Advances in eye health and technology can give us a look into our health! Researchers are working on newer ways of protecting your eyes to help people with vision loss and catch diseases earlier.
What Doctors See Now
Eye exams allow eye care professionals to monitor your eyes for common vision problems and signs of disease. Annual eye exams are very important for this reason. Since there isn’t early diagnostic testing for most eye diseases, its important to detect the warning signs early!
Comprehensive exams will include eye dilation. This allows the doctor to see inside the eye. Special magnifying lenses are used to examine the tissues at the back of the eye. These tissues include the retina (light-sensitive tissue), the macula (central part of the retina for sharp vision), and the optic nerve (carries visual messages from the eye to the brain). Any damage to these areas may signs of disease.
Eye exams may reveal health problems like, high blood pressure, , sexually transmitted diseases, and cancers. Eye doctors often detect diabetes by observing damage to the retina and blood vessels in the eye. The disease may show up in eye tissue before a blood glucose (sugar) test reveals it. Early detection can prevent not only vision loss but other serious complications.
Future eye health practitioners will have more powerful imaging tools than anything we have now. New tools make it easier to catch disease even earlier.
Diseases like glaucoma that causes blindness by damaging nerve cells at the back of the eye. Cells that get damaged by glaucoma are hard to see in the early stages of the disease. Our current technology reveals that thousands of cells must die before detection occurs. New methods would allow doctors to see the damage much earlier, thus preventing or curtailing vision loss.
Eye imaging technologies are developed to better detect age-related macular degeneration (AMD) since it is the leading cause of vision loss and blindness nationwide among people age 50 and older. A current NIH-led study is tracking retinal degeneration in 500 people over five years to look for early signs of the condition.
Using a high-resolution imaging technique called spectral domain optical coherence tomography or SD-OCT, they visualize different sections of the retina. SD-OCT is sensitive enough to detect very small changes that other images of the eye cannot see! Another new imaging technology allows scientists to track a specific protein in the eye. This approach may help doctors with early detection of cataracts and presbyopia..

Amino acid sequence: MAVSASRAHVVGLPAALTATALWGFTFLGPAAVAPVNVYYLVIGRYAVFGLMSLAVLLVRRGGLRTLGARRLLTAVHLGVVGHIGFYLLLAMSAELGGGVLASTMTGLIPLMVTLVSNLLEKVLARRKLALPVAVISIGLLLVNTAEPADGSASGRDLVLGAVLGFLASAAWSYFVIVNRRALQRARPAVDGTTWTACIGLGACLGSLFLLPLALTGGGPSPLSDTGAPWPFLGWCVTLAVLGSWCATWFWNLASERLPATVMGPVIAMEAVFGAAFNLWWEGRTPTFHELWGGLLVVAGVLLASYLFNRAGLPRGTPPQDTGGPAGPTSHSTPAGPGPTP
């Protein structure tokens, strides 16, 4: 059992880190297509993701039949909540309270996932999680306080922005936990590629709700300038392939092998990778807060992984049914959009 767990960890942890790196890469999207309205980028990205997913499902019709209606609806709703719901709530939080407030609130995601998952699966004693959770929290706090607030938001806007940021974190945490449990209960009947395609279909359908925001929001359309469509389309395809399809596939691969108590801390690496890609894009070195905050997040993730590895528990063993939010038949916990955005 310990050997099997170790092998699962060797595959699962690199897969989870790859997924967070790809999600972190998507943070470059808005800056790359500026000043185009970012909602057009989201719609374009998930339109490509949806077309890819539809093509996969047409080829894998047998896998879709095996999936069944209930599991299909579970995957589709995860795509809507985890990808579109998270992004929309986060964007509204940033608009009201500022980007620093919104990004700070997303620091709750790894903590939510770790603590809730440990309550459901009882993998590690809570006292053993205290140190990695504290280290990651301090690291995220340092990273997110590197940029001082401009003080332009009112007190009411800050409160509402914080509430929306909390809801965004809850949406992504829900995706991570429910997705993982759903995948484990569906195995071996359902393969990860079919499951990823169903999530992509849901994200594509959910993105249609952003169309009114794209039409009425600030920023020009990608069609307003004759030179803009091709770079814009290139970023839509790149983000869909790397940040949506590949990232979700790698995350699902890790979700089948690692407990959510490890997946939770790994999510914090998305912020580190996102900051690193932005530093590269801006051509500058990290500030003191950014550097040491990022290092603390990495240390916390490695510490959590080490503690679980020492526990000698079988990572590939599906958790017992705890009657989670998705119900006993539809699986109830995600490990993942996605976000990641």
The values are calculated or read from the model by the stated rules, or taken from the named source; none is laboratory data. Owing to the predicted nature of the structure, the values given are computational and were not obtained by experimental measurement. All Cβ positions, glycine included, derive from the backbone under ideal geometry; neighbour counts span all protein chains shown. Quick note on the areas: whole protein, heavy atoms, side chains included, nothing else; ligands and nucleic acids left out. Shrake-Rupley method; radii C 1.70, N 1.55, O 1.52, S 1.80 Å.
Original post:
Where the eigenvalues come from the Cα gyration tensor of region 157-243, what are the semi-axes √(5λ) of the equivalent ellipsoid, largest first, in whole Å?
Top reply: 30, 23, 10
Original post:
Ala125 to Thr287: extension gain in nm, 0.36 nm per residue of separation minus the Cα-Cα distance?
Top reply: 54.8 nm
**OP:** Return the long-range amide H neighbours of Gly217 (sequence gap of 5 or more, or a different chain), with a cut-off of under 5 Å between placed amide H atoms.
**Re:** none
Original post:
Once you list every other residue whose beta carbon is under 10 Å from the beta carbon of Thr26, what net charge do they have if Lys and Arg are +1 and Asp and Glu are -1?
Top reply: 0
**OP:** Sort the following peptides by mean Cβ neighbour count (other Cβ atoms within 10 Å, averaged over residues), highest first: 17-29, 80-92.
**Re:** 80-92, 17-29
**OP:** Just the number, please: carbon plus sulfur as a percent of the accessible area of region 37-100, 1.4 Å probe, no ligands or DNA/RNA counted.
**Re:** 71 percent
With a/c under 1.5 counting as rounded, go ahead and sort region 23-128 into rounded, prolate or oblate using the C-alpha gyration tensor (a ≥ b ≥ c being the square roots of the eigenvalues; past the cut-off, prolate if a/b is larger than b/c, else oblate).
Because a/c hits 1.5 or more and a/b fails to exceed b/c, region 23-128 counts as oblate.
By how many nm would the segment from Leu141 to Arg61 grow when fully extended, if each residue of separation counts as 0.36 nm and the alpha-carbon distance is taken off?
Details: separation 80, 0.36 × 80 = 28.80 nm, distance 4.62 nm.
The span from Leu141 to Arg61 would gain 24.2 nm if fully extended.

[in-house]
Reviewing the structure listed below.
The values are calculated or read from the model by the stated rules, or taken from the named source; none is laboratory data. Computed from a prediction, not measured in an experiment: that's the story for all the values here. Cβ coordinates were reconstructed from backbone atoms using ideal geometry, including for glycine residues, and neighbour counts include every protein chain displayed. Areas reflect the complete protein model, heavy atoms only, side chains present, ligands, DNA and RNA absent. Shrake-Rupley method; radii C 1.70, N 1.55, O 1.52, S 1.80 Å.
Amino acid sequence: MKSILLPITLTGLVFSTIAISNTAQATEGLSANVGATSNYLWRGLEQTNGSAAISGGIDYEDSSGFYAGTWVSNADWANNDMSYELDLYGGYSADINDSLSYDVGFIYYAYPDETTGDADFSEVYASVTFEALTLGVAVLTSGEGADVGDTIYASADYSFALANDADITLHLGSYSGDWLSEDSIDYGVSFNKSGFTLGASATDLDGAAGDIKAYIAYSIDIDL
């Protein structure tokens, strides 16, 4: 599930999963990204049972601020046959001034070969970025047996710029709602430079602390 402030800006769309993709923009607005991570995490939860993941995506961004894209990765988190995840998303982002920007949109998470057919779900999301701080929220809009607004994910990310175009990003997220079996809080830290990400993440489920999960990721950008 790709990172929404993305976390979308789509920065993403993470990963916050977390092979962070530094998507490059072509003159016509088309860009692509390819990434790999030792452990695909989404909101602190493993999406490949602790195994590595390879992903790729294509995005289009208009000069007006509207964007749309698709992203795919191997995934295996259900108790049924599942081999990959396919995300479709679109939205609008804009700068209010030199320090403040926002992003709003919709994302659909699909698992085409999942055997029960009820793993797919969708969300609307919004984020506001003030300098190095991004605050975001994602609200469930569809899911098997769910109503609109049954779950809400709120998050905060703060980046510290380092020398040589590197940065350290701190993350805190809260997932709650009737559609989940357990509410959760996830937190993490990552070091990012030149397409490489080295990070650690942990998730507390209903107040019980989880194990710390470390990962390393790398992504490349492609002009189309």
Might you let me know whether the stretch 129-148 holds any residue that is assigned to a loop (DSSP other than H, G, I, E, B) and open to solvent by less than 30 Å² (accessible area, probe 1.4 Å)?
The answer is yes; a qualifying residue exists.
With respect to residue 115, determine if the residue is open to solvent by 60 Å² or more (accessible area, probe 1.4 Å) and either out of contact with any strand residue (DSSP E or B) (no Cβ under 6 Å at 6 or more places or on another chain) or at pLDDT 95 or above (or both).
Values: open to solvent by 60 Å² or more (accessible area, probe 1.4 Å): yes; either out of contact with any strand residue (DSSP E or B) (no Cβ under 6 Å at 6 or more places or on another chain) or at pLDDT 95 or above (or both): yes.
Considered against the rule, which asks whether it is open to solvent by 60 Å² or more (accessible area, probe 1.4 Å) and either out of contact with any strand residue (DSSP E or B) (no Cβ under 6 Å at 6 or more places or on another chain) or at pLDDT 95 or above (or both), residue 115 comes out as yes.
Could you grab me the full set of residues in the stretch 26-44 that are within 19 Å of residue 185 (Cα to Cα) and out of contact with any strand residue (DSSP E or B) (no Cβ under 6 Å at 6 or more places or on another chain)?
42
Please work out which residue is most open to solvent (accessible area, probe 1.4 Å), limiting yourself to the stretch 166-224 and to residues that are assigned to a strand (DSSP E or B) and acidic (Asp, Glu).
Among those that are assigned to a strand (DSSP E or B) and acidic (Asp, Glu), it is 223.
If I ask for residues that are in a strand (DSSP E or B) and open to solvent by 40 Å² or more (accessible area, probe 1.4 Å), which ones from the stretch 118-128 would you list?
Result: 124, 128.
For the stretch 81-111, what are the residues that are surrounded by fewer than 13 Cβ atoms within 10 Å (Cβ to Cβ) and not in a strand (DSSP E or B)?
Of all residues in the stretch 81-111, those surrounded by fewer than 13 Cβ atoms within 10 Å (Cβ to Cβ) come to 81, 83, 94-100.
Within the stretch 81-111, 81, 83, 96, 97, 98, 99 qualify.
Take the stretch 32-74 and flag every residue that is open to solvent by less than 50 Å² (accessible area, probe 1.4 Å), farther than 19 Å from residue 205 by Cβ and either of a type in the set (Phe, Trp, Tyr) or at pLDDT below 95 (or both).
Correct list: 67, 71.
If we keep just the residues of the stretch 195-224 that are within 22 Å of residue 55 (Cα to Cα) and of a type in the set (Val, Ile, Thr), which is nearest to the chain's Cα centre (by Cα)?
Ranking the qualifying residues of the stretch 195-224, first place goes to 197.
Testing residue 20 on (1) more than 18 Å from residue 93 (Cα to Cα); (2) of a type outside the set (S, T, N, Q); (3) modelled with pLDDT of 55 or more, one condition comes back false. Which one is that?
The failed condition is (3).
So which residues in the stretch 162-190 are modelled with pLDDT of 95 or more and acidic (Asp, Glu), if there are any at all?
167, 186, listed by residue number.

Other research groups are studying ways to treat cataracts with a chemical that could potentially be used in eye drops to reverse cataracts, the number one cause of blindness worldwide.
New technologies may ultimately help people with low vision or blindness to get around more easily. A NIH-funded eye doctor recently improved a miniature telescope technology. Mounted on regular eyeglasses, its called Ocutech bioptic telescopes. These devices help people with low vision see better while driving, giving them a chance to stay behind the wheel.
Another scientist developed a partially robotic cane that can detect a person’s surroundings. The cane has a camera to “see” what’s nearby. The motorized roller tip then moves the cane toward a desired location, acting as a guide for the person to follow. Sound can also act as a guide for those with low vision. A new smartphone app gives sound prompts to help visually impaired people identify the safest crossing location and stay within a crosswalk.
These and other new technologies are helping people with vision problems. While technologies can help keep your eyes healthy, there’s a lot you can do, too! Simple actions like quitting smoking, eating a healthy diet full of dark leafy green vegetables and maintaining a healthy weight can help. Knowing your families eye healthy history since certain diseases run in families. And be sure to wear sunglasses when you are outside.
Most Importantly, don’t forget to get a regular eye exam, protecting your eyes, to catch issues early. If your eye care professional finds a problem early, often there are things you can do to keep your good vision.
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